It will have its detractors, but the World War I Centennial Commission has selected the final design of the memorial to take the place of Pershing Park in Washington. The fact that it replaces the park sparks the first line of controversy.
Designed by M. Paul Friedberg with landscape design by Oehme van Sweden, Pershing Park has its own slate of benefactors. Members of the CFA and NCPC have already voiced opposition to the memorial. Both organizations have pushed to have the park placed on the National Register of Historic Places.
World War I Memorial
A competition that saw over 300 entries, the jury eventually selected the winner from five finalists. The Weight of Sacrifice by architect Joe Weishaar and sculptor Sabin Howard. The unanimous decision was in large part due to it keeping elements of Pershing Park and incorporating it into both an urban park and a memorial to the veterans of WWI.
The design chosen now has hurdles ahead. A WWI memorial was commissioned by Congress and now that the design has been picked, the approval process begins. While we get a look at the artistic vision of Weishaar and Howard, the final design will almost certainly be different.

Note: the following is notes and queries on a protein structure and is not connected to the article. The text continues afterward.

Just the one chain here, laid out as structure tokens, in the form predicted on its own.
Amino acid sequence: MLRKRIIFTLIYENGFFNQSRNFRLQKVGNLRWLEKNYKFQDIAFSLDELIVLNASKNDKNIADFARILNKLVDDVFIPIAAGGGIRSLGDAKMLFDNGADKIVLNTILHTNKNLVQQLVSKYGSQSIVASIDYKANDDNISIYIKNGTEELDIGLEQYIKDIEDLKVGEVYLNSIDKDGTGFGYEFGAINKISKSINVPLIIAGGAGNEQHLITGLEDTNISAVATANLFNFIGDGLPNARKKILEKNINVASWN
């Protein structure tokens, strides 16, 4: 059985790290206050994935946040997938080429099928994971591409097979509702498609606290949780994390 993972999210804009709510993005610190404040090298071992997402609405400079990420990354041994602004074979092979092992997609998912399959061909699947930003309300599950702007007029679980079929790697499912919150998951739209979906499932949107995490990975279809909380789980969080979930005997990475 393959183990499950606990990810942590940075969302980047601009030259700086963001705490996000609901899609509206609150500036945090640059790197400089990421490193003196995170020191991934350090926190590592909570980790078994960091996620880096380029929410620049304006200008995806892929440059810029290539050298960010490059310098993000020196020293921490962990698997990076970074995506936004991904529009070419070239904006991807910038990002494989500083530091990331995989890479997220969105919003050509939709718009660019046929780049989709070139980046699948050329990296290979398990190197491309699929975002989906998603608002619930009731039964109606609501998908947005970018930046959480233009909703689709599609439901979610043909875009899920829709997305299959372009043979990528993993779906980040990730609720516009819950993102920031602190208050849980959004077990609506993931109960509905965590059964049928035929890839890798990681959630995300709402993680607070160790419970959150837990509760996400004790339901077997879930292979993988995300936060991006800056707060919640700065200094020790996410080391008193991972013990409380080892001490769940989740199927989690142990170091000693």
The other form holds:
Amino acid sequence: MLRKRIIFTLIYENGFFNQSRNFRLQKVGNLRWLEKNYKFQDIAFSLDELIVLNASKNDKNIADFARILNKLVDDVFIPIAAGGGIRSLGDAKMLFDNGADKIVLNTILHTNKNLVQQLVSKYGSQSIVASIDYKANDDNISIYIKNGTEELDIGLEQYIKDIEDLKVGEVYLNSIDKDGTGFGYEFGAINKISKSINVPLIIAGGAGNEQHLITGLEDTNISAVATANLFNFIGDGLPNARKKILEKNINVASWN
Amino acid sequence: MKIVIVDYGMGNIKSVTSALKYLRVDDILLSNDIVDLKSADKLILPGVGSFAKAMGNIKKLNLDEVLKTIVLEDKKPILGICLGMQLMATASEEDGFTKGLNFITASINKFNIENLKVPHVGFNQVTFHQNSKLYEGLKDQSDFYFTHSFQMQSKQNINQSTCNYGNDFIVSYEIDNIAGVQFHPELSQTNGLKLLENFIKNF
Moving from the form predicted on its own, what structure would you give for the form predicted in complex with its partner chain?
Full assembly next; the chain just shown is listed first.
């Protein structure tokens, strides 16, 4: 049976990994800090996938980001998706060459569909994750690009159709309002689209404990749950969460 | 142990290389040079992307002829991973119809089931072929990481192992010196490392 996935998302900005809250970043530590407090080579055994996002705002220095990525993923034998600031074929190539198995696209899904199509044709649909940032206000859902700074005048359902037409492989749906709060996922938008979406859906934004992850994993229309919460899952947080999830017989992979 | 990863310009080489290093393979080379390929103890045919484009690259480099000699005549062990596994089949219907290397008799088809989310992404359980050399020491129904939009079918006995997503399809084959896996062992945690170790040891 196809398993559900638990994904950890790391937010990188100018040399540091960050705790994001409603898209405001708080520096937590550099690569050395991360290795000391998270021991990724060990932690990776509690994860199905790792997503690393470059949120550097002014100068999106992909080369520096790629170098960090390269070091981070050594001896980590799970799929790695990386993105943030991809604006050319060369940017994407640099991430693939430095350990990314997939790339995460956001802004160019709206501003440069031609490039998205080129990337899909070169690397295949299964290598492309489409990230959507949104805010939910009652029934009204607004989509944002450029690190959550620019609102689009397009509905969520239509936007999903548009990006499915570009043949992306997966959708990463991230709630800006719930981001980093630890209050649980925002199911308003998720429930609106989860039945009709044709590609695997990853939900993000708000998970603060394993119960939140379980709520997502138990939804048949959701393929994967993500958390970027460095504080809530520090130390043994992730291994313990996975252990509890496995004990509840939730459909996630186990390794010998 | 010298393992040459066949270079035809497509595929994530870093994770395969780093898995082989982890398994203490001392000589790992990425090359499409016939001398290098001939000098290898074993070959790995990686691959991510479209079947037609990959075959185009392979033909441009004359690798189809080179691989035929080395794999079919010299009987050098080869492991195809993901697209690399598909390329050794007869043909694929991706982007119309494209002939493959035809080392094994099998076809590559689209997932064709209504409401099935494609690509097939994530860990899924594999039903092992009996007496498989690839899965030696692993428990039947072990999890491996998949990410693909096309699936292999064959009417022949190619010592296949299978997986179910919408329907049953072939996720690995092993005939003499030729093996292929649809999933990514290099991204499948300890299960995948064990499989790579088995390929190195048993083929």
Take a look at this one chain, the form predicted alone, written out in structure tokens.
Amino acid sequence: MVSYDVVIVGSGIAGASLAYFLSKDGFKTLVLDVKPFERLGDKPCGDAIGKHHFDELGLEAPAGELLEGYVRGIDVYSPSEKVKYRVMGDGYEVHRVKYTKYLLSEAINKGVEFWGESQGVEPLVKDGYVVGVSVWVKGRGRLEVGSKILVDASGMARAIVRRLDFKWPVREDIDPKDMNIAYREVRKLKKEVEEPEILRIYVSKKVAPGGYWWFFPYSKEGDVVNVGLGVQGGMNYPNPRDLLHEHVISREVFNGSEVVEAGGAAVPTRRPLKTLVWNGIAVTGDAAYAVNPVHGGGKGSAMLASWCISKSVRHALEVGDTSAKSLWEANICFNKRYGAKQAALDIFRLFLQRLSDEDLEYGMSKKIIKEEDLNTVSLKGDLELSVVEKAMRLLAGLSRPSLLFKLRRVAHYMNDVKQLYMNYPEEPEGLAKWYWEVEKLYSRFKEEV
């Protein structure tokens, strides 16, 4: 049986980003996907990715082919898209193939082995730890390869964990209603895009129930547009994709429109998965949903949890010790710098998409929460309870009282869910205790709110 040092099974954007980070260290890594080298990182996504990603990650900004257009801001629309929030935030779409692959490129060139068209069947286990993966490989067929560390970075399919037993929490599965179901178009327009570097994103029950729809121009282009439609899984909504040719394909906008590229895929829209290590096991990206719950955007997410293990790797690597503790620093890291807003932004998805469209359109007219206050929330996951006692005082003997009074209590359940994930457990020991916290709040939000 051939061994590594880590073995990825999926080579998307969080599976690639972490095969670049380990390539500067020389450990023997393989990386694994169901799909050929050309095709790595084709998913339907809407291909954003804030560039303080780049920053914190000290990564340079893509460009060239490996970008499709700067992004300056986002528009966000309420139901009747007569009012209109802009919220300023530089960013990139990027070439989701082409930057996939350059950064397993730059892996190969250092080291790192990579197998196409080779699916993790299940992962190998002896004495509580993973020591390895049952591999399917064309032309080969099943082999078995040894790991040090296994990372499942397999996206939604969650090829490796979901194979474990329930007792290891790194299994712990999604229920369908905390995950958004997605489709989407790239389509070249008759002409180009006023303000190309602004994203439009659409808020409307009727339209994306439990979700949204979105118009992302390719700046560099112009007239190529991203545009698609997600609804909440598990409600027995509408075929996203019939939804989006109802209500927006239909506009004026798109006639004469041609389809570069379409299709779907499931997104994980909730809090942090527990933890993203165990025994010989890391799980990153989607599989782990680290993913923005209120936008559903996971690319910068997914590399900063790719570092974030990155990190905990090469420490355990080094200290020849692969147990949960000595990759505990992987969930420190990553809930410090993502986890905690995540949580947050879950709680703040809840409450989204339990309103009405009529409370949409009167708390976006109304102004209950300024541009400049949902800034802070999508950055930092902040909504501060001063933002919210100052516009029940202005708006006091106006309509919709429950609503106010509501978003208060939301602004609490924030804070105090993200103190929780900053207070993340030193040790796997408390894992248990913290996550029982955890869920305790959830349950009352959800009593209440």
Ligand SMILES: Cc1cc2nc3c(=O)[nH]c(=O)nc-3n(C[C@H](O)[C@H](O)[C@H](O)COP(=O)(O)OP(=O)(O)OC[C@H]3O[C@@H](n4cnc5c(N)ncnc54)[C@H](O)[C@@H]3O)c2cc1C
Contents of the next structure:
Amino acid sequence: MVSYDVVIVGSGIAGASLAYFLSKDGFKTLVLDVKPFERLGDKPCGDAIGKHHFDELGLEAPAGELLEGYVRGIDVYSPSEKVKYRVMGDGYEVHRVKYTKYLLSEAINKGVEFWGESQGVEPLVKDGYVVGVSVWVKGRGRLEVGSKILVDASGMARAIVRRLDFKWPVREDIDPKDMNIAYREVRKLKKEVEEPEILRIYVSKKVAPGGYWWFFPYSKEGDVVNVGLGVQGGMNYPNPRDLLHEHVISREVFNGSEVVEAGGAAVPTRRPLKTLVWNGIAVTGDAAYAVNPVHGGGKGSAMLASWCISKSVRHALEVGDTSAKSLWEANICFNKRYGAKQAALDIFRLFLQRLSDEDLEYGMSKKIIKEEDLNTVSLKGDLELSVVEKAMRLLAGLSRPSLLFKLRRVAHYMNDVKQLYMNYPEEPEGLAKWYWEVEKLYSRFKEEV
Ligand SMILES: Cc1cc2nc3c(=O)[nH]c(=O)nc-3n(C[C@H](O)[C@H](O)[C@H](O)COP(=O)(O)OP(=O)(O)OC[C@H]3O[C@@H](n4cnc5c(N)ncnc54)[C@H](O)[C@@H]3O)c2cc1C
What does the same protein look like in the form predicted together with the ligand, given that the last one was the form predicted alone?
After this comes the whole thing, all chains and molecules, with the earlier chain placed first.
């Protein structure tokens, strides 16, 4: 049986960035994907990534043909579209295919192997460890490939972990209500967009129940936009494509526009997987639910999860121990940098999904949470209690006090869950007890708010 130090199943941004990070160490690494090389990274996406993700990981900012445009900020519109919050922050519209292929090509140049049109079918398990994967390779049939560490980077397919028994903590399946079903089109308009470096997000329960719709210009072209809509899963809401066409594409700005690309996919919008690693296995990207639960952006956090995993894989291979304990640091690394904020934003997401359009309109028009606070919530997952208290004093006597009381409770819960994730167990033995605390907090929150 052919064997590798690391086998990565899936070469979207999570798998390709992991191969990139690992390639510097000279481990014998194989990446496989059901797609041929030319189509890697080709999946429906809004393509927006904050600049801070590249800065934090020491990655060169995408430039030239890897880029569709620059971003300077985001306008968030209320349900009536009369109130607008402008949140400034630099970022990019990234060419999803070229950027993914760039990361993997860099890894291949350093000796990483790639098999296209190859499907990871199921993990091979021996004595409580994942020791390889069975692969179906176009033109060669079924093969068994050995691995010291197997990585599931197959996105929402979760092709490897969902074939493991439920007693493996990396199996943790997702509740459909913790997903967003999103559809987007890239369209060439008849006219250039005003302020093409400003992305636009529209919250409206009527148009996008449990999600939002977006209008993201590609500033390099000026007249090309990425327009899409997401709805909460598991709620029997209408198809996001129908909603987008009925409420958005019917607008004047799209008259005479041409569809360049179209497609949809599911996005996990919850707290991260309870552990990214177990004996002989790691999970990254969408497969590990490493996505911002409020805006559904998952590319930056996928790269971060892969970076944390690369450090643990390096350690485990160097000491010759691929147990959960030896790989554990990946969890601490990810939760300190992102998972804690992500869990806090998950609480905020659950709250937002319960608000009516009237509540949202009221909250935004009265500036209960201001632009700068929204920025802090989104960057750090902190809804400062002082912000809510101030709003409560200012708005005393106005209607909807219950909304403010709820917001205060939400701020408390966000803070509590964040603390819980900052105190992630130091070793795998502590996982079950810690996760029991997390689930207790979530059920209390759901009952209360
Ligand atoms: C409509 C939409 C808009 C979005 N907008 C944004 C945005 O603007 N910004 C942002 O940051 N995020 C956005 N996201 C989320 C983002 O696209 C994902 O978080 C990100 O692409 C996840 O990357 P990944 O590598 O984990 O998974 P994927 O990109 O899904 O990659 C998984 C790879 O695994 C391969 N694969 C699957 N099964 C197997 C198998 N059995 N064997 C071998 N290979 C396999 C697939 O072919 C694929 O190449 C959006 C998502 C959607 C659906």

Both the U.S. Commission of Fine Arts and the National Planning Commission have to approve the design. Each element of the design will be subject to historic preservation and environmental laws.
The vice chairman of the WWI memorial commission, Edwin Fountain, acknowledged it wasn’t quite the grand monument some were hoping for.
“It’s not going to be the grand statement we might have wanted,” Fountain said. “The site has to relate to and comply with the area around it. It has to take into account existing features of the site.”
That has lead to critics who have called the design a nice park to walk around in but nothing remarkable. It’s a valid point, but replicating something on the scale of the Vietnam Memorial is impossible.
The beauty and horror it speaks are something every visitor feels. Veterans immediately feel the connection to lost friends and family members. You walk through it and know it’s hallowed ground. 58,286 names engraved into the wall.
Walk up to it on any given day and just stare at the wall. 58,286 reasons why the United States military and its veterans deserve the high praise today and every day. 58,286 reasons we hold political leaders to a higher standard.
Memorials are equal parts education and reminders. When the World War I Memorial opens to the public in a few years, it will serve as an educational tool to show young and old the ferocity of the first world war.
Down the street will be the reminder of when war can go irrevocably wrong. The sins of our leaders engraved in marble. A wall to stand guard against the spread of apathy.
It’s easy to criticize the growth in the number of memorials. Maybe there are too many. Then again, maybe there’s not enough. We live in the information age, yet so quickly our past is lost to the ravages of now.
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